Skewed News — Remember when words meant what they mean? Yeah, me neither.
Still, it’d be nice to live in such a country.
Leading today’s political news is a story that would define the word “banal” (if it meant banal) if not for its role in further unmasking the thoroughly undemocratic Democratic Party in our undemocratic system.
The vice chairman of the Democratic National Committee says the chairman of the DNC disinvited her from tomorrow night’s first debate between major Democratic Party presidential contenders Bernie Sanders, Hillary Clinton and Martin O’Malley. At issue is an email Congresswoman Tulsi Gabbard received from the chief of staff to Debbie Wasserman Schultz, the DNC boss. Gabbard accuses Schultz of yanking her invite to the Nevada debate in retaliation for her remarks on MSNBC, the Democratic Party’s television organ, in which Gabbard said she would have preferred for there to be more primary debates than have been scheduled.
The DNC says Gabbard wasn’t disinvited. From The New York Times: “A person close to the committee who asked for anonymity to discuss internal discussions insisted, however, that Ms. Gabbard had not been disinvited. Instead, the person said, an aide to Ms. Wasserman Schultz expressed a desire to keep the focus on the candidates as the debate approached, rather than on a ‘distraction’ that could divide the party, and suggested that if Ms. Gabbard could not do that, she should reconsider going.”
Let’s simplify. You’re #2 in an organization. You were planning to attend that group’s event. Then #1 calls to say you should “reconsider going.” What is that, if not being disinvited?
Hard to argue with Gabbard’s assessment that “it kind of reminds me of how high school teenagers act.”
The unidentified DNC insider doubled down, insisting: “She was not uninvited. The DNC team wanted this first debate to have all the focus on the candidates. Gabbard’s people were told that if they couldn’t commit to that, since Tulsi was trying to publicly divide the DNC leadership last week, then they should consider not coming.”
That, courageous DNC person ordered to speak on behalf of Wasserman Schultz, is called uninviting someone.
“The fact that she is still making this about her and not our great candidates by talking to The New York Times says something unfortunate.” Look over there, not over here!
Memo to DNC: there is only one way to effectively counter the accusation that Gabbard hasn’t been disinvited from the debate. Which is to invite her to the debate. The fact that you haven’t stated that Gabbard is not only welcome to attend, but it just wouldn’t be the same without her, confirms her account — not yours.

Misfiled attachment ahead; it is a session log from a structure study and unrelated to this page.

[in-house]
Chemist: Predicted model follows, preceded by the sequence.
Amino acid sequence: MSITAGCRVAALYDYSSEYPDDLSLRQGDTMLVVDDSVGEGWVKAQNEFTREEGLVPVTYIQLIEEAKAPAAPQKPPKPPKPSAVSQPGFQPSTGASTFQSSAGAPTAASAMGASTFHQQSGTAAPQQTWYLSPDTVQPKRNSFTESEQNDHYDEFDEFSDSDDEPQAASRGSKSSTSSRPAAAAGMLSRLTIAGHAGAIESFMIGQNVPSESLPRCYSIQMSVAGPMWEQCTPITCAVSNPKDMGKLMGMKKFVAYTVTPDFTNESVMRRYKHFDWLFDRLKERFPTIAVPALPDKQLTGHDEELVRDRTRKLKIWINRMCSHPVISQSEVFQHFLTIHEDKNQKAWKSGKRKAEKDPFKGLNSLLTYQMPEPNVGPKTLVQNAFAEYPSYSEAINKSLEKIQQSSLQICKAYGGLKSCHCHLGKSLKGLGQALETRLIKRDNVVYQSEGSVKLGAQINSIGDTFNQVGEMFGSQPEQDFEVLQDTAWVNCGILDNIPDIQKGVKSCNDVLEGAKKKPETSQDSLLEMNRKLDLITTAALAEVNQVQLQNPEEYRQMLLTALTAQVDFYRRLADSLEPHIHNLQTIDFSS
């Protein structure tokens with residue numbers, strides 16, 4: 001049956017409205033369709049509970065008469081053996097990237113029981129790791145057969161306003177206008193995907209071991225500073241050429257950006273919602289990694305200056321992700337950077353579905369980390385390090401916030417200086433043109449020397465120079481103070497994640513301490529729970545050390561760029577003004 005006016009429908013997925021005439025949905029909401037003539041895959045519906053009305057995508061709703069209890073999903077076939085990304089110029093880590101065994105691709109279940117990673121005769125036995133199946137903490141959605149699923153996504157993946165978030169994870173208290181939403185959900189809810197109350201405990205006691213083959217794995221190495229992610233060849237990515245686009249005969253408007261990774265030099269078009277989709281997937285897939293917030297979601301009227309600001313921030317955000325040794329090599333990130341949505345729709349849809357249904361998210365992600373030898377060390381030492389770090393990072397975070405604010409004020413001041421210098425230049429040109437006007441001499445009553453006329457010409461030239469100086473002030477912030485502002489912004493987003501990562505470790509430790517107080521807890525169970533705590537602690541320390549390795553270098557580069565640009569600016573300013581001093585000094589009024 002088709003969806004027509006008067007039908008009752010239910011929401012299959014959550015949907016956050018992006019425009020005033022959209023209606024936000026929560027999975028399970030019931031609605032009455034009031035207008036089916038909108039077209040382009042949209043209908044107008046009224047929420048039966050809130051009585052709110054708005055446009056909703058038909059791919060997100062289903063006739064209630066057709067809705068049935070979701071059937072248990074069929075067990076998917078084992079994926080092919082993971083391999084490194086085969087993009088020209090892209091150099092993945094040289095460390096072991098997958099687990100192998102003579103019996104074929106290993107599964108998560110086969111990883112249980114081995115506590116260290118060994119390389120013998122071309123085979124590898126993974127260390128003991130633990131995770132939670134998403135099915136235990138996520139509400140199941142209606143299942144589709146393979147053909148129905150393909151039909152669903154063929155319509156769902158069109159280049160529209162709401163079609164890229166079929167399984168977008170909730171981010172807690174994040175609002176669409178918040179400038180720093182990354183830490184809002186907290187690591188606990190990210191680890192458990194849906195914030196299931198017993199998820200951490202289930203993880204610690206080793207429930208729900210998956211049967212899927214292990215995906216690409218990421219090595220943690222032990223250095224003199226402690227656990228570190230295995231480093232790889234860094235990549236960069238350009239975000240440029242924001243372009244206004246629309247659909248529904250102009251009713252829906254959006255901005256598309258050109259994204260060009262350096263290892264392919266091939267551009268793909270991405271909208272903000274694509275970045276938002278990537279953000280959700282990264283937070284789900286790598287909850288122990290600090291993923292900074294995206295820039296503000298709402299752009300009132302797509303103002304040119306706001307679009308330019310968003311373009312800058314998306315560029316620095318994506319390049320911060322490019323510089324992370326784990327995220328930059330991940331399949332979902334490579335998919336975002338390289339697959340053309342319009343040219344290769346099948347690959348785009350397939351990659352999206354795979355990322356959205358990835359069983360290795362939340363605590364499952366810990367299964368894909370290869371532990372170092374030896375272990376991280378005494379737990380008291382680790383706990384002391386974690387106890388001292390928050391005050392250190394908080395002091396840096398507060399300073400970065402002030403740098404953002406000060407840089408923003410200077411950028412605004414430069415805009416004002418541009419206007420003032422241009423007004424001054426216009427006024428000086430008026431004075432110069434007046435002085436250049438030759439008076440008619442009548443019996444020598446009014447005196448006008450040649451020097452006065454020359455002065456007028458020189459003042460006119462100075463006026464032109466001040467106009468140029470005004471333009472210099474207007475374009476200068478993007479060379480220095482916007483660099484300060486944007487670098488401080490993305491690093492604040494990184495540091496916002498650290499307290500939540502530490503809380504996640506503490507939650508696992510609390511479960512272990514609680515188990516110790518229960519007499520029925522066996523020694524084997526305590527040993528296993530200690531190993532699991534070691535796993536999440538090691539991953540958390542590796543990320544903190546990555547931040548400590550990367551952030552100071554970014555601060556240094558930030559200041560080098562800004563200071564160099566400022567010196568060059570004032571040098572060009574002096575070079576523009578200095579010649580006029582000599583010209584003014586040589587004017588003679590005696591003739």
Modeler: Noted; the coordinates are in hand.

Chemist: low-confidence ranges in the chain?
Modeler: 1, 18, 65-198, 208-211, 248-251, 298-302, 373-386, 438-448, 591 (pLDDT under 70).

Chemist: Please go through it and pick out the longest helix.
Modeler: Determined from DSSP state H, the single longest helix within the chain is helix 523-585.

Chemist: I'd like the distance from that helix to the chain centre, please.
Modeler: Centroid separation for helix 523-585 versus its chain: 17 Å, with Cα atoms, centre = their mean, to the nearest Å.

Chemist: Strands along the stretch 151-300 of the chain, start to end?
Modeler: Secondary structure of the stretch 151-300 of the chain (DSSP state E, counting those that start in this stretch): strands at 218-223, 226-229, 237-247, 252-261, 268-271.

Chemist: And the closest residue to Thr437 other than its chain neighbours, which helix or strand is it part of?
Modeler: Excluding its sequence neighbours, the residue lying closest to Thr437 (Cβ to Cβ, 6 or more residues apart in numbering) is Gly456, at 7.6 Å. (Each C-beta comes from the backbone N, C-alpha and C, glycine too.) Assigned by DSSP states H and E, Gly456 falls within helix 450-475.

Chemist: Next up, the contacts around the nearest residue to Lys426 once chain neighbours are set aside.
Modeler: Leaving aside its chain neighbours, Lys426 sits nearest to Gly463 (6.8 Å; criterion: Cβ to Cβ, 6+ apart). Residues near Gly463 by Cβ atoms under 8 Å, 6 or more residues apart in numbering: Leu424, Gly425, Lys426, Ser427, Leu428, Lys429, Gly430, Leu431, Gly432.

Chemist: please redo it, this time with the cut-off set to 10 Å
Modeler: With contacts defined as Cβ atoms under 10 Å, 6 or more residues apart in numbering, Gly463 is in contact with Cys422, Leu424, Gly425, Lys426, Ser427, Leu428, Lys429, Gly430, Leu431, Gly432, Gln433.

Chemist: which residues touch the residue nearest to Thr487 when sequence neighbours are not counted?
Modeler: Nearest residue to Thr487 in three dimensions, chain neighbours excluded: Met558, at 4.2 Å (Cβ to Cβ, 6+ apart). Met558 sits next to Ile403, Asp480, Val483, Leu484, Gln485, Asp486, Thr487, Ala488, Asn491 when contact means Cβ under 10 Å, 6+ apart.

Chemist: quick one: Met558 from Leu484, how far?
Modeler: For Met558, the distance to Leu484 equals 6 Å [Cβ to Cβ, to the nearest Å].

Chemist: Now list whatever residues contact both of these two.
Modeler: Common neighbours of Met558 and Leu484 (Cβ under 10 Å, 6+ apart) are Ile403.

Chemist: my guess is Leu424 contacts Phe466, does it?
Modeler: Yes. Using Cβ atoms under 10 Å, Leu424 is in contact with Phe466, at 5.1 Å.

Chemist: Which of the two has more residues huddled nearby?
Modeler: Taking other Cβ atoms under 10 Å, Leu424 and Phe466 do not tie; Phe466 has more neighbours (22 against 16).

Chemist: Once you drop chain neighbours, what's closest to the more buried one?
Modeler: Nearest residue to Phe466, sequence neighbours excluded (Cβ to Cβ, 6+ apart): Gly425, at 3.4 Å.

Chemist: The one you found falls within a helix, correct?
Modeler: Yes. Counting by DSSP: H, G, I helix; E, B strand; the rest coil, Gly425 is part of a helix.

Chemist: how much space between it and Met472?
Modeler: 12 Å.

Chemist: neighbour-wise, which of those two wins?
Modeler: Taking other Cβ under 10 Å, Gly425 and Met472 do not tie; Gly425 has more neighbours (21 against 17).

This Orwellian practice, defining words out of their meaning, has gone from ridiculous happenstance to routine operating procedure. It’s one thing to insist, as the U.S. has since 1941, that it no longer starts wars but only engages in “police actions” and “peacekeeping missions” and “regime change.” It is a new low to tell someone they can’t come to a party while claiming that they haven’t been uninvited — even though they still shouldn’t come. This vicious attack on the English language must stop.
Speaking of anonymous sources who want you to believe that words don’t mean their meaning, someone at The Los Angeles Times kept insisting that I hadn’t been “fired” as the paper’s cartoonist (evidently as a favor to the Los Angeles Police — tacky!). Wait, does that mean I’m still working there? No — because I was a freelancer, and not a full-time staffer, the Times somebody insisted, I hadn’t been fired.
Firing means to remove someone from their job. Jobs can be full-time or part-time or one time. Probably the most famous use of the word was Donald Trump’s catchphrase from the TV reality program “The Apprentice”: “You’re fired!” The apprentices were unpaid interns, yet no one questioned that they’d been fired.
It does not matter to the homeless or those tortured at Gitmo whether Gabbard watches the debate on TV or in person. But this spat does reveal stuff. Like:
- Wasserman Schultz is really, really petty.
- The political class will literally say anything to defend themselves, even when their position is inherently indefensible, and even when they look even worse as the result of their self-defense.
- Gabbard’s concern about there not being enough debates to ensure a legitimate-looking process within the Democratic primary process is a legitimate one, especially after 2012, when Obama was coronated as the nominee without a primary opponent. As much as the DNC and Wasserman Schultz want the “inevitable” Hillary installed with only nominal opposition, they are going to have to face the uncomfortable reality that a lot of Democrats prefer someone else.